Restaurant review: Danny’s Steakhouse 教父牛排

By Ian Bartholomew  /  Staff reporter

Sat, May 04, 2013 - Page 12

Danny Deng (鄧有癸) has been grilling steaks for nearly 40 years and has been responsible for some of Taipei’s best steak restaurants, most notably A Cut in the Ambassador Hotel (國賓飯店) Taipei. He has since opened his own restaurants, the newest being Danny’s Steakhouse. Over his long career, Deng has not just gained a deep experience of the preparation of steak and other fine food, but has also built up a team of cooks and service personnel who give this restaurant an assured refinement that is equal to that of Taipei’s five-star hotels.

Danny’s Steakhouse is tucked away in the residential district between the Dazhi (大直) and Jiannan Road (劍南路) MRT stations, a location that precludes passing trade. But with Deng’s established reputation for offering stylish dining and top quality food, the 70-seater restaurant was already pulling a crowd last week, just days after opening.

Deng has a great love of the technology of cooking, and his restaurants often feature a top-of-the-range stove of some kind that he uses as a central theme in designing his dishes. At Danny’s Steakhouse, Deng has brought in a gorgeous wood fired stove with a huge wheel that allows a massive iron grate to be micro-adjusted over the flames. At one level, this might be seen as a back-to-basics technology, but with the fragrance of oak, walnut and cherry wood wafting over the likes of USDA Prime dry-aged rib eye, this is the basics at its most sophisticated.

While big slabs of meat are a major part of dining at Danny’s Steakhouse, the rough edges of the barbeque are rounded down by a deep understanding of fine dining, with the full vocabulary of amusing twists on various age-old favorites.

My meal began auspiciously with the dangerous choice of the bartender’s special concoction of a wasabi dry martini, which sounded silly and adventurous at the same time, and in addition to the cleverly balanced flavors, had the proper alcohol bite of a proper cocktail.

Then came the amuse-bouche, a clever concoction of charcoal macaroons with a foie gras cream filling. They were elegant, amusing, unexpected, and most importantly, actually tasted really good.

Ordering is done through a versatile arrangement of set menus that start at around NT$1,000 (for lunch) and go up to around NT$3,000 for some of the choice cuts. Most of the meat is served ready sliced with little other than a side of grilled vegetables and some whole roasted garlic. Salt is the only condiment, and nothing so vulgar as a sauce is anywhere in sight. Served in this way, the meat is expected to stand on its own merits and the chef has no way to hide any imperfection in appearance or flavor. For those who appreciate the finer pleasures of meat eating, something like the USDA Prime “rib eye fillet” steak (8oz, NT$1,800 for a set) is a ticket to paradise.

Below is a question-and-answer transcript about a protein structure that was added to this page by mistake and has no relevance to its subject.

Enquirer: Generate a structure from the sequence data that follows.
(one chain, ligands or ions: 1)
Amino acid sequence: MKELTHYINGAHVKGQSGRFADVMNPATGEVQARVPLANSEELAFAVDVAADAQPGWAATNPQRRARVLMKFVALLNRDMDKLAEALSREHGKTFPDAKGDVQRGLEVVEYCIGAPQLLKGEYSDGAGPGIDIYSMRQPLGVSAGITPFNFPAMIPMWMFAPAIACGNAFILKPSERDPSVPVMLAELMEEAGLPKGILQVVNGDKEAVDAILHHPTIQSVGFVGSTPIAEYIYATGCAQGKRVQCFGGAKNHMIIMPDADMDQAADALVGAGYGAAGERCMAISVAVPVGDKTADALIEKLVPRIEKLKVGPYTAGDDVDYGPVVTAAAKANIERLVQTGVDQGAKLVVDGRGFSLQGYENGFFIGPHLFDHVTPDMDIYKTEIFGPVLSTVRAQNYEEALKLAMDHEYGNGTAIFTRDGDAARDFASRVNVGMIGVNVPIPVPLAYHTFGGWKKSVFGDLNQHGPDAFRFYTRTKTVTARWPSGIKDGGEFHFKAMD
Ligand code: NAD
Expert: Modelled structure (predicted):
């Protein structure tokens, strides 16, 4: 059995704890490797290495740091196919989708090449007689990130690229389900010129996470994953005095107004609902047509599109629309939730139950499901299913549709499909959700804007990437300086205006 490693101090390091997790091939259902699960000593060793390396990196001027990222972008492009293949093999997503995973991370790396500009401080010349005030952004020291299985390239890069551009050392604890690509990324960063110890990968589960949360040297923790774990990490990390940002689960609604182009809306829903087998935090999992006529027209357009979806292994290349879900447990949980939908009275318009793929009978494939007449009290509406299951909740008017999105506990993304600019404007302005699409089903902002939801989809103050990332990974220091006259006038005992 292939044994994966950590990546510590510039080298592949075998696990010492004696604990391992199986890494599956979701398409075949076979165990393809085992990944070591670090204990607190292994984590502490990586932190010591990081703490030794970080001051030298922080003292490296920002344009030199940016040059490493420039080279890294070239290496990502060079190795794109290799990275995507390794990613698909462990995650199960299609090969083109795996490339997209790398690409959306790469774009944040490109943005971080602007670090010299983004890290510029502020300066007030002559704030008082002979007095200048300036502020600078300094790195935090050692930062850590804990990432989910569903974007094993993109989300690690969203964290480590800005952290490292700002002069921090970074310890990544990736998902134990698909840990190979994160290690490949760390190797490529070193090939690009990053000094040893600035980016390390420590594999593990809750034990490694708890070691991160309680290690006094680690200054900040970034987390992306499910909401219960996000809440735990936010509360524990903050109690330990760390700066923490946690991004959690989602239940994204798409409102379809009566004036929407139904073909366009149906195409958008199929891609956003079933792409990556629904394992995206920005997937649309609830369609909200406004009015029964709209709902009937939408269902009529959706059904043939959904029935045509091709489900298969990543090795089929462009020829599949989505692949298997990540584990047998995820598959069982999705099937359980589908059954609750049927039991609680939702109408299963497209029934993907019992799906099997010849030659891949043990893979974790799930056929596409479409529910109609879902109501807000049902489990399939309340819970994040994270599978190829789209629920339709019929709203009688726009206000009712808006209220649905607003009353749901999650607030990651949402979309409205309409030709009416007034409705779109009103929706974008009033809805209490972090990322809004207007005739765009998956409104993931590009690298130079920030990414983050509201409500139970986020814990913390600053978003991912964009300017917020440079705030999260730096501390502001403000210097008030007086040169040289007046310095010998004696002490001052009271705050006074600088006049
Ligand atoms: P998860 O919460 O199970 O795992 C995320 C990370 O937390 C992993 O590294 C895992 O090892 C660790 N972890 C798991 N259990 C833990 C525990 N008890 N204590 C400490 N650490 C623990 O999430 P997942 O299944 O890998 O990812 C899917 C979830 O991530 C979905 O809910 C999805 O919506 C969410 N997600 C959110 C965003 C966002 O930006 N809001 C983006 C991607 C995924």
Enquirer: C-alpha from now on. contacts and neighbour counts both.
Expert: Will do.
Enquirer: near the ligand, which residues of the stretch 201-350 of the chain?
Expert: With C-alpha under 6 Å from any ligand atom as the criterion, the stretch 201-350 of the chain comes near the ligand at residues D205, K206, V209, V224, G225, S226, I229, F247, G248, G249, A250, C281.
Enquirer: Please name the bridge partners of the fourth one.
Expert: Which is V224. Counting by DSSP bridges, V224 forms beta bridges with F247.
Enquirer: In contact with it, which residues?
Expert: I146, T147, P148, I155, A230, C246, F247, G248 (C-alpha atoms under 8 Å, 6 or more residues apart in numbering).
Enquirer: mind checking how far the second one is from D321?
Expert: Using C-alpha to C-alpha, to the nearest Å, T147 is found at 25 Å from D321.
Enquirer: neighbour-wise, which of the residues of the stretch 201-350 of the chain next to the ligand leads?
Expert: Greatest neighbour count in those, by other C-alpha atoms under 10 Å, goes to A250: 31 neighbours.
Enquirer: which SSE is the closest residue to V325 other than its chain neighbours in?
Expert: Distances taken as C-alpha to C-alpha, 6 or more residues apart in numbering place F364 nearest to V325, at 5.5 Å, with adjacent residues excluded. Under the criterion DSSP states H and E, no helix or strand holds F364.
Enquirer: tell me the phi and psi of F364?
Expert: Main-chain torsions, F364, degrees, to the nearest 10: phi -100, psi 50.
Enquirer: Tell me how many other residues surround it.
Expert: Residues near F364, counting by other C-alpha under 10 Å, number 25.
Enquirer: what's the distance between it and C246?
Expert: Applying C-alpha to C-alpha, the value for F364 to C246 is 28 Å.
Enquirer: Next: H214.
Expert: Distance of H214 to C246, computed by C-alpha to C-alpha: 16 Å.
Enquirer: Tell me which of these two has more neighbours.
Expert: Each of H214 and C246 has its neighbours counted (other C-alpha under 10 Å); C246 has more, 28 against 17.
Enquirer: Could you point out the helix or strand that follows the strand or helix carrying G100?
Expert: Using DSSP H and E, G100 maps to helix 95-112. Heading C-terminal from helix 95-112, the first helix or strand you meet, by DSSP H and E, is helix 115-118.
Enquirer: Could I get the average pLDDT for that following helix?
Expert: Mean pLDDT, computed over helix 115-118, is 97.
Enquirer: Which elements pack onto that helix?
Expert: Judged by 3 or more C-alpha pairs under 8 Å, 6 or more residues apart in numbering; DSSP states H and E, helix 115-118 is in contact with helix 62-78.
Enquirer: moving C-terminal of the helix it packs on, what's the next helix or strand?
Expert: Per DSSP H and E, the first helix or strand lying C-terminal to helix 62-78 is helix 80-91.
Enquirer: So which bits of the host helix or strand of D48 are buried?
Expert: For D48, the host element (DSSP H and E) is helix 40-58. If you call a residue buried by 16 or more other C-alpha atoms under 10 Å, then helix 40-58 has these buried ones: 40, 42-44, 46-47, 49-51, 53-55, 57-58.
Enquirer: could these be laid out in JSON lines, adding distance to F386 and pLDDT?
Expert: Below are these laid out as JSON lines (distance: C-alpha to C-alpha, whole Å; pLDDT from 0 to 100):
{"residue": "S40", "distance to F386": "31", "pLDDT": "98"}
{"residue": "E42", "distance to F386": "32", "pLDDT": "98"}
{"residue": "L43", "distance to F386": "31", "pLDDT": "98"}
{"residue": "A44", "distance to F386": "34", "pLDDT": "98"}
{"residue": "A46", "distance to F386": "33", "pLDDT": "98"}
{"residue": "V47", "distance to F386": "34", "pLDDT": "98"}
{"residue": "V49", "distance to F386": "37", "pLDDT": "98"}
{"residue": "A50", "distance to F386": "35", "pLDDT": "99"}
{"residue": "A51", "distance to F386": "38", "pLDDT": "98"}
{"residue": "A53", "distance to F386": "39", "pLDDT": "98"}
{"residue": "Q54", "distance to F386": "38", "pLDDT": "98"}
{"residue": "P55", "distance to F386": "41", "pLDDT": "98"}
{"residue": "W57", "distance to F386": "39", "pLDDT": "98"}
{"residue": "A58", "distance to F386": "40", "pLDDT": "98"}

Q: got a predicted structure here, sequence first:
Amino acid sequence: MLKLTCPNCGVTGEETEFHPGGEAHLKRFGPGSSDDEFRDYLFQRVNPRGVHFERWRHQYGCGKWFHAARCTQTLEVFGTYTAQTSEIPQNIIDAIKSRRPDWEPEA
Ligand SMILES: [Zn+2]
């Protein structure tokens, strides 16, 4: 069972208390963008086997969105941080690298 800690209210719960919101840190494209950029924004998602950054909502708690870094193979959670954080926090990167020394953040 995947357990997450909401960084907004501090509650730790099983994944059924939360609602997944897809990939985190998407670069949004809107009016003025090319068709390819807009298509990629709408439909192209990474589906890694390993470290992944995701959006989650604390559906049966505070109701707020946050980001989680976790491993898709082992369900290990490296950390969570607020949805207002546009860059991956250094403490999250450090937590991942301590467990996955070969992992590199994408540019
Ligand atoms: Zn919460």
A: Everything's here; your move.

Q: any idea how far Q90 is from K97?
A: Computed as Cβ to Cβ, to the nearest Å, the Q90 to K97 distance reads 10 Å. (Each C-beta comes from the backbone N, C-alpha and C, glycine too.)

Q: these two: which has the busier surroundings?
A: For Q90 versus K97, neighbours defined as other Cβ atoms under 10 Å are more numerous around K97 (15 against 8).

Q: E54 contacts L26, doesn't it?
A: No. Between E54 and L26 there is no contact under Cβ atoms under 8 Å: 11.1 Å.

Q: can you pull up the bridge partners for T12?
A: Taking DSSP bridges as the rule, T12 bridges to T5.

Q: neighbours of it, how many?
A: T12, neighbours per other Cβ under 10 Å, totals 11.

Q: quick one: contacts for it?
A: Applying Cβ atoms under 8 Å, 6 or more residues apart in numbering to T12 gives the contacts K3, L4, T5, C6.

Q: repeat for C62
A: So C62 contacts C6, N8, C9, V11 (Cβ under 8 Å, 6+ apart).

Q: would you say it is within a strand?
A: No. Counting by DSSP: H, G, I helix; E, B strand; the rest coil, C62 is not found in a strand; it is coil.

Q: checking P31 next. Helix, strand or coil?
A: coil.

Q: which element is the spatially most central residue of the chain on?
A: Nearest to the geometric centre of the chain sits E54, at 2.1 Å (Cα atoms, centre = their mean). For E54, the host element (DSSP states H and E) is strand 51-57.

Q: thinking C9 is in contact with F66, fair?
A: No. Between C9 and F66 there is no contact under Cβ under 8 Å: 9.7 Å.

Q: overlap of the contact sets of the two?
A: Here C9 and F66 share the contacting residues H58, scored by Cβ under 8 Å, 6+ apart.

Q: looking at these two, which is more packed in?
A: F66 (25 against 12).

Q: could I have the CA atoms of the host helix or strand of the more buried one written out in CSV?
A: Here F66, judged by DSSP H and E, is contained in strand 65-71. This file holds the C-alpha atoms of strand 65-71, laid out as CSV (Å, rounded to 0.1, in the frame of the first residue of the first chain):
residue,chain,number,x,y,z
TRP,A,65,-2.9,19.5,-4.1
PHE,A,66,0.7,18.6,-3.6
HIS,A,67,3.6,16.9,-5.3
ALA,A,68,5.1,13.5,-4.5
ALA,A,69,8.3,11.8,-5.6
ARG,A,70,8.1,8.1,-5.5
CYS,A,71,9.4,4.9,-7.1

The care taken with the steak is also in the other dishes, and a taste of Deng’s smoked tomato soup was a revelation, bringing in intriguing wood fragrances to a dish that might be thought of as a tad homely. In Deng’s preparation, it was anything but, and was accompanied by an excellent bread that is baked on the premises.

In the design of the restaurant, Deng has been profligate with his use of space, eschewing a mezzanine for his high ceilinged space in favor of creating an almost cathedral-like majesty: a temple to fine food.

The semi-open plan kitchen gives diners a glimpse of the magicians working their gastronomic alchemy, without the whole operation getting too much in your face, and the glass-fronted dry aging room and wine cellar — seemingly suspended above the kitchen — seem like a high altar to the good things of life. The clever use of a kind of frosted glass easily associated with traditional Taiwanese interiors to wall off booths is an inspired touch, giving the simple interior a personality lacking in the more minimalist designs favored by many upscale dining establishments.

Danny’s Steakhouse is altogether a very well-judged affair. The ambiance is formal without being stuffy, and the food is modern without being tiresomely intricate. This balancing act is a testament to a refinement and understanding of the local market honed over many years.